Saturday, February 25, 2012

The Truth About False Actions

When Martin D'Souza was writing his chapter on Dynamic Actions for Expert Oracle Application Express, he sent me a bit of it for a technical review. I did the same with him for my chapter on Plug-ins. At the time, both of these topics were very new and I immediately learned something from a decision tree that he had created to show how Dynamic Actions work from a high level. The tree very clearly showed that false actions will only be executed if two things are true:

  1. The Dynamic Action must have a condition
  2. The condition must evaluate to false
It sounds simple enough but this important fact seems to loose itself on those that are new to Dynamic Actions. Even when this fact is understood, developers may still have trouble getting the false actions to fire because they can't think of a condition that will work for their situation. The key lies in understanding conditions and how flexible they can be.

Let's start by looking at a simple example. Let's say you want to hide/show a region based on the value of an item: 



The When portion of the Dynamic Action may look like:



Obviously the true action in this case is to show the region and the false action would be to hide the region. In this example we were able to make use of one of the declarative condition types: "equal to". Here are all of the options you have for the condition:



Most of the options are declarative, simply changing the way that the Value specified is evaluated. But there are two options which are a little different: "- No Condition -" and "JavaScript expression".

If you select "- No Condition -", guess what, NO FALSE ACTIONS! At that point only the event matters - in our current example that's the change event on the item P1_HIDE_SHOW. The Dynamic Action framework does a good job of making this point obvious by hiding the false actions when there is no condition but I wanted to make sure to remind readers of this fact here.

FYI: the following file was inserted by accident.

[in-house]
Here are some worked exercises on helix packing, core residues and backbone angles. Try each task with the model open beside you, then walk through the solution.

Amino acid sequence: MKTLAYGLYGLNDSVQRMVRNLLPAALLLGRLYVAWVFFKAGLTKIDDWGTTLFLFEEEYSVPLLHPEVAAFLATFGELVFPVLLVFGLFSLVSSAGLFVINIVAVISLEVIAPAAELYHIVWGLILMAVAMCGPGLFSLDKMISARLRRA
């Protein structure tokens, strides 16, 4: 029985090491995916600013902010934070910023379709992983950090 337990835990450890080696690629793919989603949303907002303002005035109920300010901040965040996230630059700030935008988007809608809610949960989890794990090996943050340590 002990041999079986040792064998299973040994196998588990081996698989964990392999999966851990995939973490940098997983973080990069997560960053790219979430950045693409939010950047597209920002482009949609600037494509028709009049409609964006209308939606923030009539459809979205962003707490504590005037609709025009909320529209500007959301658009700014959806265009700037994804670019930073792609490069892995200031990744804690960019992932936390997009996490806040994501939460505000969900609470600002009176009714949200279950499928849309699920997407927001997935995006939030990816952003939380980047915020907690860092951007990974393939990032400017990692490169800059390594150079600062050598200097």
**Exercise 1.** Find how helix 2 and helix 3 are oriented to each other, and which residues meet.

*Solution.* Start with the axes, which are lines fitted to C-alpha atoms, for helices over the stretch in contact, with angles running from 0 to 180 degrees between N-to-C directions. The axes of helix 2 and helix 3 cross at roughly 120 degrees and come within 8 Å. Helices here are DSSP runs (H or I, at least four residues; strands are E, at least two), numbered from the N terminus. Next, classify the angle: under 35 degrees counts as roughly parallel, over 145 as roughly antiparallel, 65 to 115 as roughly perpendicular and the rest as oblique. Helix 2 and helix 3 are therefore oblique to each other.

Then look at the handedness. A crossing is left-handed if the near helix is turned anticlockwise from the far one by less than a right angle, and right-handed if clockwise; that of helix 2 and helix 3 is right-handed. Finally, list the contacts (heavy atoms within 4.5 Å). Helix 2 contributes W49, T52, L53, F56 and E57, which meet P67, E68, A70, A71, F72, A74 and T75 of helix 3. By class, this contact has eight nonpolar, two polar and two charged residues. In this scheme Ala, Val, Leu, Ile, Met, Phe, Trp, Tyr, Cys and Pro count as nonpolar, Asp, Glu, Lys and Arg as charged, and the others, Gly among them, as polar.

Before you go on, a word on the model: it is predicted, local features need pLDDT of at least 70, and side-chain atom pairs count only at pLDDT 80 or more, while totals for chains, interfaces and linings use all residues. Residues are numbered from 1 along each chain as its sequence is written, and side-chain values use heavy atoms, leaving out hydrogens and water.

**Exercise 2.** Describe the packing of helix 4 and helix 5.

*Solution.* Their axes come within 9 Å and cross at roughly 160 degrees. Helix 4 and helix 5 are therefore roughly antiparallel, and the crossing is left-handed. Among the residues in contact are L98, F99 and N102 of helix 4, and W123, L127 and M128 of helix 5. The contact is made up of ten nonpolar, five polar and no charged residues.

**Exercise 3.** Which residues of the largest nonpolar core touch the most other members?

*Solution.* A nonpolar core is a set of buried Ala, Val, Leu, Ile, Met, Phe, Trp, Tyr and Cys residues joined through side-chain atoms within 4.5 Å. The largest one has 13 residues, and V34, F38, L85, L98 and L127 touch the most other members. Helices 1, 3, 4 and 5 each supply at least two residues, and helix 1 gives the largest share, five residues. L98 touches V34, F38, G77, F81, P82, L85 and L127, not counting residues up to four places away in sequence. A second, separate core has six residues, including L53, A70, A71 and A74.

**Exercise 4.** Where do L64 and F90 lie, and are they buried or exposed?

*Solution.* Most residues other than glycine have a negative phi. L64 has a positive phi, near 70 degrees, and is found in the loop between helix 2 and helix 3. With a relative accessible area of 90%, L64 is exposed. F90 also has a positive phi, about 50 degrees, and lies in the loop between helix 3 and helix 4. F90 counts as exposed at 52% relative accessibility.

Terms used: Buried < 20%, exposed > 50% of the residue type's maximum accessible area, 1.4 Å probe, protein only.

"JavaScript expression" is the powerhouse option. This is the option that you must learn to use! Like the declarative options, the JavaScript expression condition changes the way that Value is evaluated but it's much more flexible as you can enter any JavaScript expression you like. If you click on the label for the Value item you get the following popup:



Of the three bullets, the one you want to learn first is this.triggeringElement. Using the combination of the JavaScript expression condition type and this.triggeringElement, developers can create conditions that allow false actions to execute when they otherwise wouldn't.

Let's look at another example. Here the show/hide is based on two conditions rather than one:



At first glance it may seem impossible to do this with a Dynamic Action but with the JavaScript expression condition we can do it:



I could have simply hard coded the id for the first element but I wanted to show how one could use this.triggeringElement as it's more flexible - imagine using it in a tabular form where there are many checkboxes with "random" ids.

As you can see, Dynamic Actions are an incredible feature of APEX and with a little knowledge of HTML, CSS, and JavaScript they become even more powerful. Learn to use this feature sooner rather than later and look for the functionality and flexibility of the framework to increase with future releases of APEX. And if you remember nothing else from this post, remember that false actions only fire if there is a condition and it evaluates to false.



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